By Ciaran Chu, Practice Leader – Public Cloud, ACI Worldwide
2020 has been a whirlwind year. Among the profound changes the pandemic has ushered in, the mass adoption of digital payments and banking platforms is likely to be long lasting in nature. As we adapt to a world shaped by physical distancing, banks and financial institutions are adapting and innovating. For firms looking to recover in the short-term and accelerate their growth trajectory in the longer term, technology-fuelled experiences can help them compete, ramping up services and profitability while reshaping customer experiences.
Additionally, Banks must focus on internal IT operations and systems to ensure operational integrity. This is where the power of the cloud will come in. In 2021, cloud will power vital infrastructure for India’s banking and payments sector, enabling agility, improved remote collaboration, and faster application development and deployment.
Outlined below are the three big cloud trends that ACI Worldwide sees having the biggest impact on India’s BFSI sector in 2021:
Revaluation of operational control processes: One of the big challenges of cloud adoption pre-COVID-19 was the amount of operational overhead and risk acceptance knowledge required to migrate workloads from on-premises to the cloud. This was coupled with the fact that many banks had in place arduous control processes that were difficult to overcome. Due to the pandemic, banks have realized that many offshore resources that were maintaining systems could not log in from home, causing a risk issue. banks were forced to re-evaluate these processes to ensure they were fit for purpose in this new world, where physical distancing quickly became the norm. As a result, in 2021 we will see banks increase expenditure on process simplification and improvements – something that the cloud can deliver.
Changing relationship between data regulation and innovation: With changing geopolitical dynamics, we will see increased focus around data sovereignty and consumer safety, as consumers seek to understand how precisely their data is being used and governed. As a result, we can expect more countries to follow the likes of Poland, setting up national clouds, where banks can enjoy the benefit of cloud computing, shifting from capital expenditure (CAPEX) to operational expenditure (OPEX), even as the data remains in country. Big cloud providers will continue to canvas and work with regulators to find common ground on the best way to run their infrastructure long term. Regulators in the past have stood in the way of innovation, in part due to a lack of understanding of the competitive landscape. Banks would end up spending more on maintaining the status quo to placate regulators. While it will be a gradual shift over the next five years, I would hope banks can reduce overheads, which restricts their ability to innovate, by working with cloud providers and regulators to automate and simplify activity through increased transparency.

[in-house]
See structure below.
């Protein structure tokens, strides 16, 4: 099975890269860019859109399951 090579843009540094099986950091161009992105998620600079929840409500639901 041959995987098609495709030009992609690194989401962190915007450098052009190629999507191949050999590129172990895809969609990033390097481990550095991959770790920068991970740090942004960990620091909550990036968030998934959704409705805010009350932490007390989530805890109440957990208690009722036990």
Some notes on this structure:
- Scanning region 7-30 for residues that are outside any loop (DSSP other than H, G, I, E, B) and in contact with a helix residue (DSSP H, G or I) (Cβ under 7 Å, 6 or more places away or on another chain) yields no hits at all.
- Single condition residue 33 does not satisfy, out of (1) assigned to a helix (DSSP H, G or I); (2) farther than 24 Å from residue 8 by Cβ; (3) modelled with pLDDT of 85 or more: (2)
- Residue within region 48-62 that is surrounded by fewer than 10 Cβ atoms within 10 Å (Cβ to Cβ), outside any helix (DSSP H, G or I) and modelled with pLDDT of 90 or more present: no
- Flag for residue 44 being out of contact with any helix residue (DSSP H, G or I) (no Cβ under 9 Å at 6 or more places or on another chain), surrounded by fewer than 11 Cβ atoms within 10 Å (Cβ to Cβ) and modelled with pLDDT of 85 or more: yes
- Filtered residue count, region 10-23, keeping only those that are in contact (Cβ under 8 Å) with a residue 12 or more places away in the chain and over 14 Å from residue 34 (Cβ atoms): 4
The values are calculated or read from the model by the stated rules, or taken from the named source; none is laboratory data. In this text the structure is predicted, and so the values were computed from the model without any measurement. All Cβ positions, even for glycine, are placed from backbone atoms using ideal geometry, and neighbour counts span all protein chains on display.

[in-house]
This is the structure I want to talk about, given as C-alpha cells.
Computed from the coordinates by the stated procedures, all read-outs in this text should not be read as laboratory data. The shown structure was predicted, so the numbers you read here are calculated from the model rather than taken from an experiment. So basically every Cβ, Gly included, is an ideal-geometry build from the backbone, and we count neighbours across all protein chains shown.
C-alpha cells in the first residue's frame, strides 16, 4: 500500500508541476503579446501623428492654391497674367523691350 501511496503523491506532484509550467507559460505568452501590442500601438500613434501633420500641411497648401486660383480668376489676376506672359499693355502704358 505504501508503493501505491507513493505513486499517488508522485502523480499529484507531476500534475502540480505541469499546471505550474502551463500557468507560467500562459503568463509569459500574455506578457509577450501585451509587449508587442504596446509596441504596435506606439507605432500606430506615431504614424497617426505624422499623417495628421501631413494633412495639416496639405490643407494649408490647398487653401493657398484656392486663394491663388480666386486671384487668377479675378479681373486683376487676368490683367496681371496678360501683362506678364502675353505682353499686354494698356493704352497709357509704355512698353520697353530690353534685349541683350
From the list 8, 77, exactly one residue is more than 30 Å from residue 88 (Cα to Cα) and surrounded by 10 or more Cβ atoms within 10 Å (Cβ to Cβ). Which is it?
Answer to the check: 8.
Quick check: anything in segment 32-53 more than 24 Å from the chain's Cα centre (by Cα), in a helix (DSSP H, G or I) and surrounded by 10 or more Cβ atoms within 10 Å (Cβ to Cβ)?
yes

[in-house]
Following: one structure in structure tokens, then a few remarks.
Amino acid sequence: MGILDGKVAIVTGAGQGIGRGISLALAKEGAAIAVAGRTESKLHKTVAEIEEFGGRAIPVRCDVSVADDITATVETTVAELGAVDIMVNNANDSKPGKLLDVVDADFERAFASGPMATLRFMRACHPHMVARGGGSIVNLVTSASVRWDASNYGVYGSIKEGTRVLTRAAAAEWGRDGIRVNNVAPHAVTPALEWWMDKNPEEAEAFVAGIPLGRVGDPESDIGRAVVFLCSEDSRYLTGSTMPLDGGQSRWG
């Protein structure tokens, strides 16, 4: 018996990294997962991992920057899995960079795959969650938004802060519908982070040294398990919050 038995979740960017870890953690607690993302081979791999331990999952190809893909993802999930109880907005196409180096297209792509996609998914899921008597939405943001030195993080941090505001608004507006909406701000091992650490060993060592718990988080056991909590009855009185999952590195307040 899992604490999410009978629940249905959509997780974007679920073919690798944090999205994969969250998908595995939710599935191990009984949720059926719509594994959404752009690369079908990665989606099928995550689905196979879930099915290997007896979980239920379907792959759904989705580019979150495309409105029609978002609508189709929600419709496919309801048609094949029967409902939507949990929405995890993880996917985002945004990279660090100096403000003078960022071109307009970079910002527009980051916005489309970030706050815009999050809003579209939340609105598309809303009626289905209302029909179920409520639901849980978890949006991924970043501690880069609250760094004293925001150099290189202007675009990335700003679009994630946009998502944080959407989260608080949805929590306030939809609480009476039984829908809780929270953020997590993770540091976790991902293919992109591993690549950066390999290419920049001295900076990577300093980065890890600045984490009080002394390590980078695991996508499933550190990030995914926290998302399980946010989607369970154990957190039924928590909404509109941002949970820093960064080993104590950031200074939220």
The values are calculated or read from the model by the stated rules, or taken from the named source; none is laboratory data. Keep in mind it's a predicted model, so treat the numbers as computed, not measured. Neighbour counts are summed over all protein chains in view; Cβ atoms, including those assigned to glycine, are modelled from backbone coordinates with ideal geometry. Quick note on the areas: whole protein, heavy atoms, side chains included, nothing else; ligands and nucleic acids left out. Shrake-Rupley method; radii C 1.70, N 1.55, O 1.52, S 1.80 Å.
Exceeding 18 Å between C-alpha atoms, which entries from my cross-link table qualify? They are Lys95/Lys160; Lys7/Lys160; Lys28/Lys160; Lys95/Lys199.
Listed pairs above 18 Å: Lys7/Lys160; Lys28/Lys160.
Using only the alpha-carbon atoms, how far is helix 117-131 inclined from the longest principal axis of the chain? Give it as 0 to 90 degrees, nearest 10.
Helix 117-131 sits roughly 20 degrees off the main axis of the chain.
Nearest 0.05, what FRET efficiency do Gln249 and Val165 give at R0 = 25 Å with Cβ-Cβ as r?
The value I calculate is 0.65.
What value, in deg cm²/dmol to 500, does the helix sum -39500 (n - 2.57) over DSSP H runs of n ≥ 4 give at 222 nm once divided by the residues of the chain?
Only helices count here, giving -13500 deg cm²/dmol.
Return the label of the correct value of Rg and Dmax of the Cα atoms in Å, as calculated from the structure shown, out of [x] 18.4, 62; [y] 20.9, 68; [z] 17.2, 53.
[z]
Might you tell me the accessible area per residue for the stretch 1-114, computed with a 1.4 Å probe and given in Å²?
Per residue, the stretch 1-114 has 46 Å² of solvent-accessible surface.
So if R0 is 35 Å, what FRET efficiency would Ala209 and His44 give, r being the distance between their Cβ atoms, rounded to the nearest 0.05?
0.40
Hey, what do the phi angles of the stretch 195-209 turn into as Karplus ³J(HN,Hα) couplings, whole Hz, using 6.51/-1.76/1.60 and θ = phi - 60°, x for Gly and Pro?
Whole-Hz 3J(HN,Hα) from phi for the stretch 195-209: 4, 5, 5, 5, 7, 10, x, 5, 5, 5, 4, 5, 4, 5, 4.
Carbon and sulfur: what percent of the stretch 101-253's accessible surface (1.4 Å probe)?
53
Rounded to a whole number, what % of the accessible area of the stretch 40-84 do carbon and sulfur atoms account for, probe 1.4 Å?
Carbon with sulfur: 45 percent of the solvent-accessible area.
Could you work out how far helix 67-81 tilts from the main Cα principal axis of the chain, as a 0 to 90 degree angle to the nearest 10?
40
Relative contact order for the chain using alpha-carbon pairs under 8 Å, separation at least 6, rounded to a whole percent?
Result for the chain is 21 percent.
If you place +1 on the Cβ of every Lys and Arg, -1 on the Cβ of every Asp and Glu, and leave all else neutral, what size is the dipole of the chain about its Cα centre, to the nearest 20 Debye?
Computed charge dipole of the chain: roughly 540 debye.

Long live the marketplace platform: One of the greatest drivers of cloud within the BFSI sector will be the need for banks to diversify their revenue models from fee-based transactions (where it is a race to zero) to new client-based services. Banks will also realize how much easier it is to drive partnerships and gain meaningful data insight in the cloud. Another critical trend to watch for will be the continuing demand for use of hybrid and multi-cloud environments, where banks avoid being locked into a single vendor by using a mixture of private and public cloud offerings. Following in the footsteps of Spanish multinational BBVA, we will see a lot more banks embracing a hybrid cloud approach to build a platform of services, which customers and partners can easily access as they diversify their business models.
As the industry moves further into its cloud journey, we will see more bank leaders and CIOs recognize the need to get machine-human collaboration right. We will see more investment in employee reskilling and upskilling, as banks begin to unlock the value that lies at the intersection of employees and technology. There will be a more top to bottom approach to “applied intelligence” – combining intelligent cloud technologies and solutions with human ingenuity – across all areas of banking business, reshaping core banking processes and transforming customer experiences.